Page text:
Editor’s Note: The following is a post from Sammy Reese, a former Marine Corps Artillery Officer and retired police officer from California. He is a part-time range master for the police department he retired from as well as a life-long martial artist and combatives coach.
Check out the last five episodes in this series:
- Ep. 13 Should I Shoot? Understanding Disparity of Force
- Ep. 14 Should I Shoot? ‘Gun-Free Zone’ Doesn’t Mean You’re Helpless
- Ep. 15 Should I Shoot? Carrying a Gun Around the Home for Defense
- Ep. 16 Should I Shoot? Why You Need to Always Be in Condition Yellow
- Ep. 17 Should I Shoot? The War on Police Officers
Prior to a recent range session with a good friend of mine, he showed me the new rig he was using for concealed carry complete with weapon-mounted light. A light on concealed carry guns isn’t anything new, but what surprised me was his statement. He said something like “… since I have this weapon-mounted light, I don’t need to carry a handheld flashlight anymore.” This took us down the road of “guess you will be pointing a loaded flashlight at everything and everyone you need to identify as possible threat or friend.” The look on his face was priceless. “I didn’t think of that,” he mumbled under his breath.
Weapon-mounted lights are a great tool and I have them on several handguns, shotguns and rifles, but I am a firm believer in getting competent with a handheld light. The technology found in modern flashlights is utterly amazing to me when I look back at where they started. Back in the day, 60 lumens was considered a really bright compact light. Today, they can be found in smaller packages in hundreds of lumens.
As we’ve discussed at great length, the question “should I shoot?” will be based on individual circumstance applied to the belief of death or great bodily injury to us or another if we don’t apply deadly force. Everything that can be done to help us make the decision is a good thing in my book.
See Also: Factor LED Flashlights — Review
Several years ago, my wife and I were sitting on a bench in our old neighborhood watching the sun go down over the ocean (it’s a West Coast thing). There were probably 20 or so other people doing the same thing. When the fireball melted into the ocean and the crowd slowly dispersed, we stayed talking about life and where we wanted to go for dessert. The little park had lights, but there were many dark spots caused by the trees and bushes. I noticed a guy about 30 yards away who kept looking over his shoulder at us every few seconds. I wasn’t overly concerned but was definitely in alert mode. I told my wife about the guy and said that if I stood up, it was time to leave if he came our way.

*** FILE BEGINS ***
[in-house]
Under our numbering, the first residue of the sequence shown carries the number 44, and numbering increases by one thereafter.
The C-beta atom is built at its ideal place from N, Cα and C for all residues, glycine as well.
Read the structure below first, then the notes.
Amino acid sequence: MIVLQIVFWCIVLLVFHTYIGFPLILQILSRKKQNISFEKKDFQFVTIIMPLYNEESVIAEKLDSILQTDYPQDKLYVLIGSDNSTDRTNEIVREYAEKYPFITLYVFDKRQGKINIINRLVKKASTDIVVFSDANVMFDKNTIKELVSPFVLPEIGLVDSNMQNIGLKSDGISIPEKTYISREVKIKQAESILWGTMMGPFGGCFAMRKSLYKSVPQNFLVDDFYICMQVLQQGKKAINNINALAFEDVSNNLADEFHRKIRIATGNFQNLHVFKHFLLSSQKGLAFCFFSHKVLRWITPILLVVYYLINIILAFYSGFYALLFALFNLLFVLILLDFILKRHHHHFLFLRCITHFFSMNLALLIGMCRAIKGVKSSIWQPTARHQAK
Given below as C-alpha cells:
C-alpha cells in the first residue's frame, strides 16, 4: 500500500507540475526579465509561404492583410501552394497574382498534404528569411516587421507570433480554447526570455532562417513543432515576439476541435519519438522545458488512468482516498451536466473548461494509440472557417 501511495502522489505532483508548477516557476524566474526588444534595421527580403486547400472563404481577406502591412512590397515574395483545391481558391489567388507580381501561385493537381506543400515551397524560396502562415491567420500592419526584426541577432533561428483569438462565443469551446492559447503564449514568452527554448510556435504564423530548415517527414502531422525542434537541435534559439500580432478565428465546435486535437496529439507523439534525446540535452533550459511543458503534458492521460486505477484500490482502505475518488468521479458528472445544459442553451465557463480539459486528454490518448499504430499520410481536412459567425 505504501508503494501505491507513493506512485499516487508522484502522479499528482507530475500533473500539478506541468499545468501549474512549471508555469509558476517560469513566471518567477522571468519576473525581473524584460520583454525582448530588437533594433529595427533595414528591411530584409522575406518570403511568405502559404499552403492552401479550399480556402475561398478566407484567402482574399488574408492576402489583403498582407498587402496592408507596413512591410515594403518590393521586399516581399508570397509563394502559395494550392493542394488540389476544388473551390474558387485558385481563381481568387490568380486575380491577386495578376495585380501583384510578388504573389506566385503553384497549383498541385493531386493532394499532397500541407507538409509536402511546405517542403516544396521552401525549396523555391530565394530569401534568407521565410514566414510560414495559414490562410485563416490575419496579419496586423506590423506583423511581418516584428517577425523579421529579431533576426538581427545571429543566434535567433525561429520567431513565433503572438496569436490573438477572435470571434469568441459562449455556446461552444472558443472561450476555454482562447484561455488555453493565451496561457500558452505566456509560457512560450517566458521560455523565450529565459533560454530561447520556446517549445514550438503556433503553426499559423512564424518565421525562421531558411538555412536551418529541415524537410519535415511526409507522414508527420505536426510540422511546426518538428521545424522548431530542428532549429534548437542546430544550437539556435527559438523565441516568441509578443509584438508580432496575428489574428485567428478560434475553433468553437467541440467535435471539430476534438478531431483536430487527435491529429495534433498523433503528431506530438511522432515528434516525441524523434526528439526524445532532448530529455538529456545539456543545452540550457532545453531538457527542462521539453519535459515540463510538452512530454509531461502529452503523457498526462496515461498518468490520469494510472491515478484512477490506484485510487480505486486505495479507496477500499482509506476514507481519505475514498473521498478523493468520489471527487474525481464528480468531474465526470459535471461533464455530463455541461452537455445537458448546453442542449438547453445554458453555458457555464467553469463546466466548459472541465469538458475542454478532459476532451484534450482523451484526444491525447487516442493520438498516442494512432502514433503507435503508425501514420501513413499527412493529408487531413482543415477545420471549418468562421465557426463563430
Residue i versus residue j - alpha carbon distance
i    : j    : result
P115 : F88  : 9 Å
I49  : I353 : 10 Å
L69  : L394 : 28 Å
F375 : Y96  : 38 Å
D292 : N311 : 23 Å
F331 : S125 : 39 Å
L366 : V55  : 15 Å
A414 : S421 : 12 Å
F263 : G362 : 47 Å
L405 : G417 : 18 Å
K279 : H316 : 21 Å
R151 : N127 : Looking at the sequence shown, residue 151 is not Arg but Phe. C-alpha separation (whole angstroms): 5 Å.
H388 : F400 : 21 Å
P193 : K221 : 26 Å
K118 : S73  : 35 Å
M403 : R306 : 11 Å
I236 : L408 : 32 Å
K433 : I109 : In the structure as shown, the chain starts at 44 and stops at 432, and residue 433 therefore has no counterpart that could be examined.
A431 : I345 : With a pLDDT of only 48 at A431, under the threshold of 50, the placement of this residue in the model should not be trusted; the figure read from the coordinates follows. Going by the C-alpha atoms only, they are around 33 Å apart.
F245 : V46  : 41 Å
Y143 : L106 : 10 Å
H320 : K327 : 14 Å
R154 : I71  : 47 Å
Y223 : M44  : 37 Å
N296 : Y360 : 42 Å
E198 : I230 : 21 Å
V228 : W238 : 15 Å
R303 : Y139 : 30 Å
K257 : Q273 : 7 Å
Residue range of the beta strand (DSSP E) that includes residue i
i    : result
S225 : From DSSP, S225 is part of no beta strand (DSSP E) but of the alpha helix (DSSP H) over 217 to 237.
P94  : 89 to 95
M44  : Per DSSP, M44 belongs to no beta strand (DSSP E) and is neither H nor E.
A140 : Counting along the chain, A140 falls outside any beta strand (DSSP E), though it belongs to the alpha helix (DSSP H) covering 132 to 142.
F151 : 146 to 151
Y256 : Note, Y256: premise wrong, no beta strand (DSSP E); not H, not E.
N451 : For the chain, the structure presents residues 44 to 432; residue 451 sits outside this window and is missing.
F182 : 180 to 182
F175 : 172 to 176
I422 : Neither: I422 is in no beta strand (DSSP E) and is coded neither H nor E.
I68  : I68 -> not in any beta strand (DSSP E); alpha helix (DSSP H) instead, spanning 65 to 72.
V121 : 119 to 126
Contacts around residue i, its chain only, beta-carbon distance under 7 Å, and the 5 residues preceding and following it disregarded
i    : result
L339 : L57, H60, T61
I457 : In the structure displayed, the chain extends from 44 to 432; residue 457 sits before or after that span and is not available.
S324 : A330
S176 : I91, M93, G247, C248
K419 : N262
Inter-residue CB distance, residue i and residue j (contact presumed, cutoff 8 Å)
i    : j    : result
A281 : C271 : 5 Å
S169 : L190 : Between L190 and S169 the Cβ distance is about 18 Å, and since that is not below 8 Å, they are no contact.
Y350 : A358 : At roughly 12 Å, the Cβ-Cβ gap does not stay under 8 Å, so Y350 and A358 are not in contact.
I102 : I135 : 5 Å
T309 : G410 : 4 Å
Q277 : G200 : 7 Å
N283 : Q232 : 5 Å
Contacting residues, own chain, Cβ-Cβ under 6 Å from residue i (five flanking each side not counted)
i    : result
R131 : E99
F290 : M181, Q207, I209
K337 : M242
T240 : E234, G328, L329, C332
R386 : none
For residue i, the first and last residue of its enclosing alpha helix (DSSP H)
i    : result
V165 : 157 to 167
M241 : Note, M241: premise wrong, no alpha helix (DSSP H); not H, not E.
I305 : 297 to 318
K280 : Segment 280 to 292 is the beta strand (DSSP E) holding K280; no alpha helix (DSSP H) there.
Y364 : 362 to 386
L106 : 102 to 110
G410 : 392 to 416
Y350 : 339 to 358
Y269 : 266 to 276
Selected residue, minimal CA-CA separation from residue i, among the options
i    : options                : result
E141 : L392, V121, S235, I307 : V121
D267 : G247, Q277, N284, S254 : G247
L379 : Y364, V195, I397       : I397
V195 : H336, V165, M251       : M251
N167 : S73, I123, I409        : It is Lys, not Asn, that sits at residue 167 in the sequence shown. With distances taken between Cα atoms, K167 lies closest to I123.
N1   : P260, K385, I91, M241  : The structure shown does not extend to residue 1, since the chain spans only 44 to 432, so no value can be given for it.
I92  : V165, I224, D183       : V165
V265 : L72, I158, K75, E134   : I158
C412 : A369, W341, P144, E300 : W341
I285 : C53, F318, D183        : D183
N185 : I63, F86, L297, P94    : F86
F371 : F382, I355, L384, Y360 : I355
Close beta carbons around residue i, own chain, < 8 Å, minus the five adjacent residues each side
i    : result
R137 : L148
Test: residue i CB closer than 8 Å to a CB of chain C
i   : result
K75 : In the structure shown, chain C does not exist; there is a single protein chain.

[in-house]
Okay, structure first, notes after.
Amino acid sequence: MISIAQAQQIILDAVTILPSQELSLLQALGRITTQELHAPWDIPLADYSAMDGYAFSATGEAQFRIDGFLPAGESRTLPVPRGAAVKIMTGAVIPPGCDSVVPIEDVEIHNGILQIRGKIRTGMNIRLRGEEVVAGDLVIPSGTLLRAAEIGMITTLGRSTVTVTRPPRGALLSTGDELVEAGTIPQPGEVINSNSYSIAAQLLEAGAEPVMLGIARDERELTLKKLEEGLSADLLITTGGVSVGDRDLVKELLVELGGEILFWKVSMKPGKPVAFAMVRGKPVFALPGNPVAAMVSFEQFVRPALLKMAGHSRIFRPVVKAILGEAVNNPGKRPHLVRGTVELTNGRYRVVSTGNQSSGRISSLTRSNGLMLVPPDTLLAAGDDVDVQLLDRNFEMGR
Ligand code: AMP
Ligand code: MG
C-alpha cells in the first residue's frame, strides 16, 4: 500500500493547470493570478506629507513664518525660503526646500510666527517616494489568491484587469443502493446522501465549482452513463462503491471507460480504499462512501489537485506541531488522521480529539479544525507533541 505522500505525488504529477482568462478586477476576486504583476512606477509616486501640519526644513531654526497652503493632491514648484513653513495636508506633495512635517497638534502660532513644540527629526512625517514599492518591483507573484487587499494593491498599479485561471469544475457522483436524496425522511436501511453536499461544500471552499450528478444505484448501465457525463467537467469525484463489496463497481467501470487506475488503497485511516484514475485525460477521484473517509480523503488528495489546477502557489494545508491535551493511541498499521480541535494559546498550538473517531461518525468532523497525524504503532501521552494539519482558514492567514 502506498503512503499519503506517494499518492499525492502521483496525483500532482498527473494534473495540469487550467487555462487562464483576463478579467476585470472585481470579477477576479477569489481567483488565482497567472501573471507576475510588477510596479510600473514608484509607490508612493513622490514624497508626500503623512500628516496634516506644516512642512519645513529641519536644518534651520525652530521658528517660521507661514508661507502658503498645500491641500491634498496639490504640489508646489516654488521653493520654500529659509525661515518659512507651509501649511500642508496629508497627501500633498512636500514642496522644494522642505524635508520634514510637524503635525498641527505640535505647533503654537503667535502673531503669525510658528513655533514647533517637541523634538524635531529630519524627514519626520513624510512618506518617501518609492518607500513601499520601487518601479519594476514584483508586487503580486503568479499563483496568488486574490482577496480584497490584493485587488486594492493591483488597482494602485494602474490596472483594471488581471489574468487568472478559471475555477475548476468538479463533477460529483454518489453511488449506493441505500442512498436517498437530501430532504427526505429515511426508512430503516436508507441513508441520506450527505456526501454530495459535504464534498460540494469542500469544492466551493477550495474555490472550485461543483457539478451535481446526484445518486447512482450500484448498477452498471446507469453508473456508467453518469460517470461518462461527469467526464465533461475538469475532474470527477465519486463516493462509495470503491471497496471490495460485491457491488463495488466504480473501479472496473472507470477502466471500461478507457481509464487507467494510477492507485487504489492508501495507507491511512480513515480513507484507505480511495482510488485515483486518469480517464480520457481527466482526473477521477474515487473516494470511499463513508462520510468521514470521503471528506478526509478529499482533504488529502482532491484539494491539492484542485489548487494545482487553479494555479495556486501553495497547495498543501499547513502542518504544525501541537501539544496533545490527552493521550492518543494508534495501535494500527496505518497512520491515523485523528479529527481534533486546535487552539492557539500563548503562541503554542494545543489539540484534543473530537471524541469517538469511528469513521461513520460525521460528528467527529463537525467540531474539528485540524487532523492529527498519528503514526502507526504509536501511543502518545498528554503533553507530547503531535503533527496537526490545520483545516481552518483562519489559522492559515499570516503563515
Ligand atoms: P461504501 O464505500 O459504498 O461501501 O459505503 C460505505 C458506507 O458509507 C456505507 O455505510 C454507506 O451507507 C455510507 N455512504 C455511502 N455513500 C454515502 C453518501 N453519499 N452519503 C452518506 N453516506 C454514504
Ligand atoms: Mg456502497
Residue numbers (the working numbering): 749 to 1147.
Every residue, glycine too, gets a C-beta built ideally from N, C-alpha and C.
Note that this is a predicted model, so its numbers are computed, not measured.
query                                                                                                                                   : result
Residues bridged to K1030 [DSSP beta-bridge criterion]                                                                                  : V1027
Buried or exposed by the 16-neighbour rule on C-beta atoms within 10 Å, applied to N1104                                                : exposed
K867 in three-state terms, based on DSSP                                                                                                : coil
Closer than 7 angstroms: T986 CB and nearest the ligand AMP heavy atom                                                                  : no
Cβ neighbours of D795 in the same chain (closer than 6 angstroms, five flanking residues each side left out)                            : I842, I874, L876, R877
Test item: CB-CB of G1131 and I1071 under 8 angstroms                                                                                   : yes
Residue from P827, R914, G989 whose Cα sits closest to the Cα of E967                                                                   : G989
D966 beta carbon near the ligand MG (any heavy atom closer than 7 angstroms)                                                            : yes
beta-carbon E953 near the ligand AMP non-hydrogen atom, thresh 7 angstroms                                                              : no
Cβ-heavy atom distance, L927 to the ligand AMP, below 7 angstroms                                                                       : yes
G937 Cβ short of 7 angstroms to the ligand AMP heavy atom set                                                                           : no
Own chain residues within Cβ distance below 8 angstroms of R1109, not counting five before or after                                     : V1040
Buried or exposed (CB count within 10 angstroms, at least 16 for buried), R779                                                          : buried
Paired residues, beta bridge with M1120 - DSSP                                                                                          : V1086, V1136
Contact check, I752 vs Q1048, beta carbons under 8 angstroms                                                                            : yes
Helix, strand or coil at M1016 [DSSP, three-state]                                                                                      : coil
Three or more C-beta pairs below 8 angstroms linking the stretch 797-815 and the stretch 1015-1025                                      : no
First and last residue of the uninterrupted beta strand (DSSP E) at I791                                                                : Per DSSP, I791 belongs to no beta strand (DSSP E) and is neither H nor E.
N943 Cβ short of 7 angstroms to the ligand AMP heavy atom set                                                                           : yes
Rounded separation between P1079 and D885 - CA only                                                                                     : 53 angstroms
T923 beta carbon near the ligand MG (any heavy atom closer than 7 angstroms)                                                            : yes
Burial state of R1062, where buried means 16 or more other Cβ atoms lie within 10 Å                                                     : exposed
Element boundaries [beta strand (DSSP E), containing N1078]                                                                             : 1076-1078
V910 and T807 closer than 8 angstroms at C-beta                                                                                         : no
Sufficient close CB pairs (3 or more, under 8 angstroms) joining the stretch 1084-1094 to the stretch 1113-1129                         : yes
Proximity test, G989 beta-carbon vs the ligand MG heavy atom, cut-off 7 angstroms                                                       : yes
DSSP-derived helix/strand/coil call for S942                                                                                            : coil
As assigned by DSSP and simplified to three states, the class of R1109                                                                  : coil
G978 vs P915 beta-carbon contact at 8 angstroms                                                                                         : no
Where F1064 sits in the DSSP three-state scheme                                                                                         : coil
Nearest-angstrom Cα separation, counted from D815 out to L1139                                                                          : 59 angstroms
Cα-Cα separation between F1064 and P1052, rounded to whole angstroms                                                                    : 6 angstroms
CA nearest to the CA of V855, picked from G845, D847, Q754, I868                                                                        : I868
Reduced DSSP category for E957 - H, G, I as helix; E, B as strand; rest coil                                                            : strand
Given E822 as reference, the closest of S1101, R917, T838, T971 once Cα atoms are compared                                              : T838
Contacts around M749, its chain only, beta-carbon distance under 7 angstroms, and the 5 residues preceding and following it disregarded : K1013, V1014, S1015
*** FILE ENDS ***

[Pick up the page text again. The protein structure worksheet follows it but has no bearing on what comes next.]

About five minutes later, I could still see him but not clearly and decided it was time to go. As we walked, he started toward us at a trot asking quite loudly if we had some money. I had my handheld flashlight in my left hand and immediately hit him in the eyes with the beam. His hand went up to shield his eyes. I told my wife to get moving toward the car. I told the guy in a clear voice, “I have no money for you. Leave us alone.” He tried to walk toward us, but the combination of the light in his face and his hands up trying to shield his eyes made it really slow going for him. We were moving off line and creating space the entire time, which felt like minutes to me but was more likely 30 seconds from beginning to end.
To answer the question — yes, I was armed, but in this case, if I didn’t have the light to literally light him up, the gun being introduced would have been more of a problem than a solution. The light gave us time to get out of Dodge. It stopped his advance, and when he brought his hands up to shield his eyes, I was able to see his hands were empty.
If all you have is a concealed handgun and no means to identify other force options at your disposal, maybe it’s time to rethink the personal defense plan.
For more critical information on the use of deadly force and other firearms and self-defense topics, visit www.uscca.com/GunsAmerica.